Eugene Numa Lane (1936-2007)
Eugene Lane passed away on the January 1, 2007 after a long struggle with Parkinson's disease, at the age of 70. Gene grew up in Chapel Hill, where his father taught Germanic philology at the University of North Carolina. Gene graduated from Episcopal High School in Alexandria, VA, and received his bachelor's degree (Salutatorian) from Princeton in 1958. He was awarded a Fulbright Scholarship to study in Greece (American School of Classical Studies) in 1961, and earned his doctorate from Yale in 1962.
He taught four years at the University of Virginia before moving in 1966 to the University of Missouri, where he taught happily for 34 years. He retired in 1999 but remained an active emeritus until his death. He was married for 42 years to Carol Downes Gault, who along with their children Michael and Helen, and one granddaughter Carol, survives him.
His major publications were the Corpus Monumentorum Religionis Dei
Menis, four parts (Leiden, Brill), 1971-78 and parts II and III of
Cultus Iovis Sabezii (Leiden, Brill), 1985-89. He coauthored with Ramsay
MacMullen Paganism and Christianity, a source book (Minneapolis,
Fortress Press), 1992, and in 1996 edited Attis, Cybele and Related
Cults: essays in memory of M.J. Vermaseren (Leiden, Brill). His numerous
articles treated inscriptions, coins, cult statuary, and historical questions.
He was a member of the
Collegium Editorum from 1996 to 2007.
Robert J. Rowland, Jr. (1938-2007)
Robert J. Rowland, Jr. was educated at La Salle College (now University) in Philadelphia, PA, he received his M.A. and Ph.D. from the University of Pennsylvania. He taught at La Salle, Villanova University, the University of Missouri-Columbia, and the University of Maryland-College Park, where he was Chair of the Department of Classical Studies and Director of the Center for Archaeology, and then joined Loyola University, where he was Dean of the College of Arts and Sciences from 1991-1998.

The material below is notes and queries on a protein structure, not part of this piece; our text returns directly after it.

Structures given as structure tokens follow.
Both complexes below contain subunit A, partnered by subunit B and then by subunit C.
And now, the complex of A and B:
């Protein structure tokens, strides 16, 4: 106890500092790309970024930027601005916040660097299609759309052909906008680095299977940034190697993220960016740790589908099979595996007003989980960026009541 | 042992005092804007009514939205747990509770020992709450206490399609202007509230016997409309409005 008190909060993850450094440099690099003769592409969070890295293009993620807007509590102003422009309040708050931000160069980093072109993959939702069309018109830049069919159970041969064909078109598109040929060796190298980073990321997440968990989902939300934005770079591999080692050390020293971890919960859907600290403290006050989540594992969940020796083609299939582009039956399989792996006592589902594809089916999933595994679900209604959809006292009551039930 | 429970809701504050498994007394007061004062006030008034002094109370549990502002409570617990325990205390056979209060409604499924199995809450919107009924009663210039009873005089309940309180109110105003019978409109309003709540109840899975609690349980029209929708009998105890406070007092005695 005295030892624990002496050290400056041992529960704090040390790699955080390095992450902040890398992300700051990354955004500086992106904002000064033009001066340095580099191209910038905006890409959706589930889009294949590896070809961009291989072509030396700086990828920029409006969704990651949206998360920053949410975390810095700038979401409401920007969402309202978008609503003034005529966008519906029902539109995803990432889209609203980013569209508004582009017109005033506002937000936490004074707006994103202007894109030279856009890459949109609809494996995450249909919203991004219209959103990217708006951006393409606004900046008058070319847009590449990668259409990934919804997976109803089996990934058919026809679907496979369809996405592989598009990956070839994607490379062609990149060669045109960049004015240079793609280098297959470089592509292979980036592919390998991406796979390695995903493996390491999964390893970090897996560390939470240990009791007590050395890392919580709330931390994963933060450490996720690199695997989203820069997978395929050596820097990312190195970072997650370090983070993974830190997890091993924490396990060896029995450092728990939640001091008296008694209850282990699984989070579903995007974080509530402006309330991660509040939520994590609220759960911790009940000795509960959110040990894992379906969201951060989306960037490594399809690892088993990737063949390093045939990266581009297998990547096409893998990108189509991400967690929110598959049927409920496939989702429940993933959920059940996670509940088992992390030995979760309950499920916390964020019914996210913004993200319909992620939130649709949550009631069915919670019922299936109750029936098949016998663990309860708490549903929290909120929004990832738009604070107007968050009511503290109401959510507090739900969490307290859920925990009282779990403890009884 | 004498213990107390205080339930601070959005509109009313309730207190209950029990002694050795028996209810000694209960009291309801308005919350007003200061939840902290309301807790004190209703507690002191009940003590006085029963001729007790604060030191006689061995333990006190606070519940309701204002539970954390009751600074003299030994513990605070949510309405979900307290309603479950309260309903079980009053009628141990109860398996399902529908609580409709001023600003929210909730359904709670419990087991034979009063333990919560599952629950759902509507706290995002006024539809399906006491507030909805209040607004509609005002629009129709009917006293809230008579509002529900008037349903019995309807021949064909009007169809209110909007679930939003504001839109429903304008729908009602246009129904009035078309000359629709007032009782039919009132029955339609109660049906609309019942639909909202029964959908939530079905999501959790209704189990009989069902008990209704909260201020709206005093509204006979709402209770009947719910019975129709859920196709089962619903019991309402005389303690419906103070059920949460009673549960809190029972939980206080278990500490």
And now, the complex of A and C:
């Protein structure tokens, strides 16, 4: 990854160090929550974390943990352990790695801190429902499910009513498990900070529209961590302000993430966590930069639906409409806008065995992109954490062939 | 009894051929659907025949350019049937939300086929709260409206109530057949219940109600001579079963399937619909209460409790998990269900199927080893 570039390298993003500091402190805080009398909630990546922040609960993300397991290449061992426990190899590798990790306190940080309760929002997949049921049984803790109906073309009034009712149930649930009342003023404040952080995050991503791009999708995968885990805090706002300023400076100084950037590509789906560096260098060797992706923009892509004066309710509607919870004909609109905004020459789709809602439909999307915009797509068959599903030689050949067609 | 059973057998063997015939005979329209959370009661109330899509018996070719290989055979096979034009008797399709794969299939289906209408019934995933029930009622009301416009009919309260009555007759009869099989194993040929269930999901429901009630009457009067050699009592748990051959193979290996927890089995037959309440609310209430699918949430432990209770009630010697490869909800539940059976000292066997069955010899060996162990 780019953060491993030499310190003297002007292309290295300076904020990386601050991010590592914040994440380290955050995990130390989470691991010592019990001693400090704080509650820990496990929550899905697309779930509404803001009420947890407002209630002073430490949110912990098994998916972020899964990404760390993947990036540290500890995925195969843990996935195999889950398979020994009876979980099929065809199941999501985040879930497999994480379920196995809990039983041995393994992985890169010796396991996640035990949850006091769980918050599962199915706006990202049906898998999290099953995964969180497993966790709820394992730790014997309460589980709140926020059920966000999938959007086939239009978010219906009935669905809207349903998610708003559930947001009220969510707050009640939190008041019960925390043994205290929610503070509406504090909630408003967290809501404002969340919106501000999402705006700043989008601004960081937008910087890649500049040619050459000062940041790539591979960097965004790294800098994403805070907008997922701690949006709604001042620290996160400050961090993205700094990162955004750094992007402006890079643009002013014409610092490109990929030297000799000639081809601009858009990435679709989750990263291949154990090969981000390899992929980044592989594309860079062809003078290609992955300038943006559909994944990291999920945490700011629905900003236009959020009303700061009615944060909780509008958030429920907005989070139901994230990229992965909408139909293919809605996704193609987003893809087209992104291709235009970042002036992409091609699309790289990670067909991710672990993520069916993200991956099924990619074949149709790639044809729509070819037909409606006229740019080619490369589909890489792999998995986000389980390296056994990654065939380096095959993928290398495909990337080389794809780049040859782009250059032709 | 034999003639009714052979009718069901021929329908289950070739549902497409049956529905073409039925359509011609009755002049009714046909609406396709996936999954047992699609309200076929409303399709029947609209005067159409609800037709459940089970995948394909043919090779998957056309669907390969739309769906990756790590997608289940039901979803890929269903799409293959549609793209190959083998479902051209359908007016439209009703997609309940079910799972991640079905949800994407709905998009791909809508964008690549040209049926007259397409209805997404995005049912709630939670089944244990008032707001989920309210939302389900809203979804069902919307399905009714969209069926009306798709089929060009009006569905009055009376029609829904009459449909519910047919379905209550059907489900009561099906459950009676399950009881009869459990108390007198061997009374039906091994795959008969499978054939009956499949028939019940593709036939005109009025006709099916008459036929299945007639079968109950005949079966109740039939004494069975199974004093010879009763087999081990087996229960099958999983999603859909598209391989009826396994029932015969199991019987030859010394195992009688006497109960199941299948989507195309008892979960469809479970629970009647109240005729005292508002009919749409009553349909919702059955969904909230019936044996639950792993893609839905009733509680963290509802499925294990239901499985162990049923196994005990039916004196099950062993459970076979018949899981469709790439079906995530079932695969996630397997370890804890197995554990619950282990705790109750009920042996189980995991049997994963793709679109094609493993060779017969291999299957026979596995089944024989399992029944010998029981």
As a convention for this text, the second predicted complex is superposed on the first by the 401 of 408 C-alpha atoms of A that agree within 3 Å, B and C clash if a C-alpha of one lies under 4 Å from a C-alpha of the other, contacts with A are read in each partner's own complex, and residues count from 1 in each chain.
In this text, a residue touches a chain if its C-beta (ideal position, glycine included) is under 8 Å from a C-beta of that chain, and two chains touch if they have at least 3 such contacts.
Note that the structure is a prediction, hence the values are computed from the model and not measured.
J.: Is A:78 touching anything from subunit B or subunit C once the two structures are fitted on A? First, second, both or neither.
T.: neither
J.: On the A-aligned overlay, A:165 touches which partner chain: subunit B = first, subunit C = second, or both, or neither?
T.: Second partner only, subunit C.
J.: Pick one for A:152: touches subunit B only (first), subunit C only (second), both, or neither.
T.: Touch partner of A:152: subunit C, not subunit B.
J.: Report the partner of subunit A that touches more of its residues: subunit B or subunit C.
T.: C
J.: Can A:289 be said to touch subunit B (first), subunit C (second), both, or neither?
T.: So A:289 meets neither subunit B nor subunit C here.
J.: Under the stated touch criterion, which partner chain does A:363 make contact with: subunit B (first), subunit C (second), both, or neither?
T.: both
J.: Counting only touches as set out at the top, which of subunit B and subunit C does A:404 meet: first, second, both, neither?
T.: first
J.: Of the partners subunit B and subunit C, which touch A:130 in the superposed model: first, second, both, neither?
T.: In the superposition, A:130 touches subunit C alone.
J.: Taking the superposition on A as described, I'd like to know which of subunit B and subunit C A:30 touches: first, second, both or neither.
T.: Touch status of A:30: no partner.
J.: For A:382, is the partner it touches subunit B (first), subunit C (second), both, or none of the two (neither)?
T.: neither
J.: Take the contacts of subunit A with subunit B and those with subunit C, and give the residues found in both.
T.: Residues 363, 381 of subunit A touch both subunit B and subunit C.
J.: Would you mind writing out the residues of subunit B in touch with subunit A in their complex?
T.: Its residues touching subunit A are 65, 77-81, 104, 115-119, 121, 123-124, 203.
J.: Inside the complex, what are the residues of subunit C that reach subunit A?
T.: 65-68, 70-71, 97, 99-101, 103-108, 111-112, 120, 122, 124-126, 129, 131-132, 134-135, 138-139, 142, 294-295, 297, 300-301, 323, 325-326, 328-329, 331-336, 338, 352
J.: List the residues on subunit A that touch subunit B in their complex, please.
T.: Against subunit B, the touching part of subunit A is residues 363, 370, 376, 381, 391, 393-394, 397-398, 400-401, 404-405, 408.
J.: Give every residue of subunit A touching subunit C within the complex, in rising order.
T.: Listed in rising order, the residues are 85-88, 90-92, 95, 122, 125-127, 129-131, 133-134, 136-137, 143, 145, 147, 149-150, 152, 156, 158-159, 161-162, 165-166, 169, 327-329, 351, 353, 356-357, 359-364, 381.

He authored or edited seven books and more than 100 articles in print
or in press. His books include: I ritrovamenti romani in Sardegna,
(Studia Archeologica, vol. 28: Rome, 1981), Studies in Sardinian
Archaeology, coedited with Miriam S. Balmuth (University of Michigan
Press, 1984), Teaching Classical Mythology, coedited with Joseph
F. O’Connor (APA Educational Pamphlet 5: New York, 1987), Vergil’s Rome
and the American Experience, edited (The Vergilian Society of America,
College Park, MD 1987), The Archaeology of Roman Sardinia: A Selected
Typological Inventory, in W. Haase and H. Temporini (eds.), Aufstieg
und Niedergang der römischen Welt, II. 1 (Berlin, 1988), 740-875,
Wordprocessing for Classicists, 2d edition (APA Educational Pamphlet
8: Atlanta, 1991), The Periphery in the Center: Sardinia in the Ancient
and Early Medieval Worlds, BAR International Series 970, Oxford, 2001,
and Continuity and Change in an Island Society: Sardinia from the Palaeolithic to the Later Middle Ages in preparation with S. L. Dyson, ca. 250 pages.